The National Outlook
The contraction in economic output (real GDP) slowed considerably in
the second quarter and available data point toward resumption of
positive growth in the third quarter of this year. It's now likely that
the official end to the "Great Recession" lies somewhere within the
current quarter, although the decision about exact timing won't be
announced for some time.
The housing production component of GDP, residential fixed investment,
is part of the imminent swing from negative to positive economic
growth, thanks partly to the temporary $8,000 federal tax credit for
first-time homebuyers. The troughs in home sales and housing starts
occurred in the first quarter, and RFI should make a positive
contribution to GDP growth in the third quarter of the year.
Systematic recovery of consumer spending is essential to sustainable
economic expansion. Recent Federal Reserve data indicate key
improvements to household balance sheets in the second quarter, a
prerequisite to durable recovery of consumer spending. While further
deleveraging by households is in store, the drags on spending from
negative wealth effects and heavy debt burdens have begun to ease.
The labor market continues to deteriorate, even as economic output is
on the rise, and that pattern figures to persist over the balance of
the year. However, the rate of deterioration is slowing, payroll
employment growth should turn positive by early 2010, and the
unemployment rate should top out at about the same time. Subsequent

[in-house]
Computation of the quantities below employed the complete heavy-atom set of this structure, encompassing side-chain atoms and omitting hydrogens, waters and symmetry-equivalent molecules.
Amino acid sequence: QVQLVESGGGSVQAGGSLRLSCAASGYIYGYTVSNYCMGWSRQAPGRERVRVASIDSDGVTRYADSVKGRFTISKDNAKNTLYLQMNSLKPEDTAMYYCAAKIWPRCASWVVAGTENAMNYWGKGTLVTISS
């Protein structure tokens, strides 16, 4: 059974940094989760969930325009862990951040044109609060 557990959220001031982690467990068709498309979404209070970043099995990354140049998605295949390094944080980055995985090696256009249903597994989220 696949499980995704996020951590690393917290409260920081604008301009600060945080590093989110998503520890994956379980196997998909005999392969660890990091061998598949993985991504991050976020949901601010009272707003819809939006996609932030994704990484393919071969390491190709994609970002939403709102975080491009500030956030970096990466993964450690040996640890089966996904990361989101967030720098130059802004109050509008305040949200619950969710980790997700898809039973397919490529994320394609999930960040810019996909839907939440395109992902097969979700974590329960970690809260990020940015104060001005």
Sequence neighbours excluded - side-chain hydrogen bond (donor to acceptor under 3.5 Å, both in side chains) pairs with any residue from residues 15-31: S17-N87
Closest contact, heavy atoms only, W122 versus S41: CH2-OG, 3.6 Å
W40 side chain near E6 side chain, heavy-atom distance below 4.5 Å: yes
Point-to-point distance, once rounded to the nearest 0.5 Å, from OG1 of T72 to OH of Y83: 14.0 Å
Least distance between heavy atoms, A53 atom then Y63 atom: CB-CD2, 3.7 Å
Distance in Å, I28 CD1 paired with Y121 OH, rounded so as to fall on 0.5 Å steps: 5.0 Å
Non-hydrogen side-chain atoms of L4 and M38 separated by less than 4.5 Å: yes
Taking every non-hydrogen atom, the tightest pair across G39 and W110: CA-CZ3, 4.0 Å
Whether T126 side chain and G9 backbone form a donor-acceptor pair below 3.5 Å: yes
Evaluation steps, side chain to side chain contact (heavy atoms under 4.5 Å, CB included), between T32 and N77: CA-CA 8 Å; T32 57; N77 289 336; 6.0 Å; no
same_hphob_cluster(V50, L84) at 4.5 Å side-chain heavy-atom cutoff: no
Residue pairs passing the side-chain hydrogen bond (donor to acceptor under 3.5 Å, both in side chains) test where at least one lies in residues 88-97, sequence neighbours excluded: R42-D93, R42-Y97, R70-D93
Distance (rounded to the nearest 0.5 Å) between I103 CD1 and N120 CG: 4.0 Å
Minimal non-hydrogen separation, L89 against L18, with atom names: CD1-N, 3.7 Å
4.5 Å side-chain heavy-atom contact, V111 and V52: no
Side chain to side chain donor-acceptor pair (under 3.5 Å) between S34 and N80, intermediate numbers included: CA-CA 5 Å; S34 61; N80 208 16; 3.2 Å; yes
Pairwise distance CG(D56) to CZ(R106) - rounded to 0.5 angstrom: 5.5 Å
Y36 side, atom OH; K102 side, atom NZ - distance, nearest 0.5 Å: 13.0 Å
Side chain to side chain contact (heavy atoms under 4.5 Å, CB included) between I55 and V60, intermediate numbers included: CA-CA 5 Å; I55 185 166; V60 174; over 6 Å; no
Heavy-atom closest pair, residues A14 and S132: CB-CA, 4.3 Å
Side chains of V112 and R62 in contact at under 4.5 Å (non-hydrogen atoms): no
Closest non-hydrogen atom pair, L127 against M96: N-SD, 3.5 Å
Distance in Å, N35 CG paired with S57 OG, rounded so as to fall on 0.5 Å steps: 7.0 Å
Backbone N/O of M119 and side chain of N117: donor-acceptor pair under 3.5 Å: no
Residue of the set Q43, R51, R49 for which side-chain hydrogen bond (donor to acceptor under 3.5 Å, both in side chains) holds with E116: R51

improvements most likely will be gradual, leaving considerable slack in
labor markets for an extended period.
The inflation picture continues to improve, and there's still a threat
of outright deflation in the U.S. economy. We expect key measures of
core inflation to move down further, even as the economy recovers, due
primarily to remaining slack in resource markets. Indeed, core PCE
inflation already is slipping below the Federal Reserve's apparent
target range and could even slip into the red zone by 2011.
The Fed held monetary policy steady at the conclusion of the September
22-23 FOMC meeting, maintaining the rock-bottom target for the federal
funds rate and reinforcing targets for purchases of housing agency debt
and MBS as well as Treasury securities. The Fed most likely will
maintain a highly stimulative monetary policy stance as long as
unemployment is high and inflation is low, a condition that's likely to
persist for nearly two years. And we're not overly concerned about Fed
asset sales out of portfolio in the near term, even though key purchase
programs will be winding down by early next year.
Financial market conditions continue to improve, following the
unprecedented global turmoil that erupted last fall. Key credit risk
spreads are back in normal ranges, or converging toward those ranges,
at least for high-quality private instruments. In this regard, the
spread between rates on prime conforming fixed-rate mortgages and
10-year Treasury securities still is narrowing, and we expect further
progress on that front during the next two years.
Housing market activity already is off the deck, at least in the
single-family market. However, the near-term outlook is bumpy and the
intermediate-term outlook is subdued--at least in the context of the
record-breaking contraction that bottomed out early this year. Our
projections for 2010-2011 elevate overall housing production
(residential fixed investment) to levels that prevailed just before the
unsustainable housing boom got underway in 2003.
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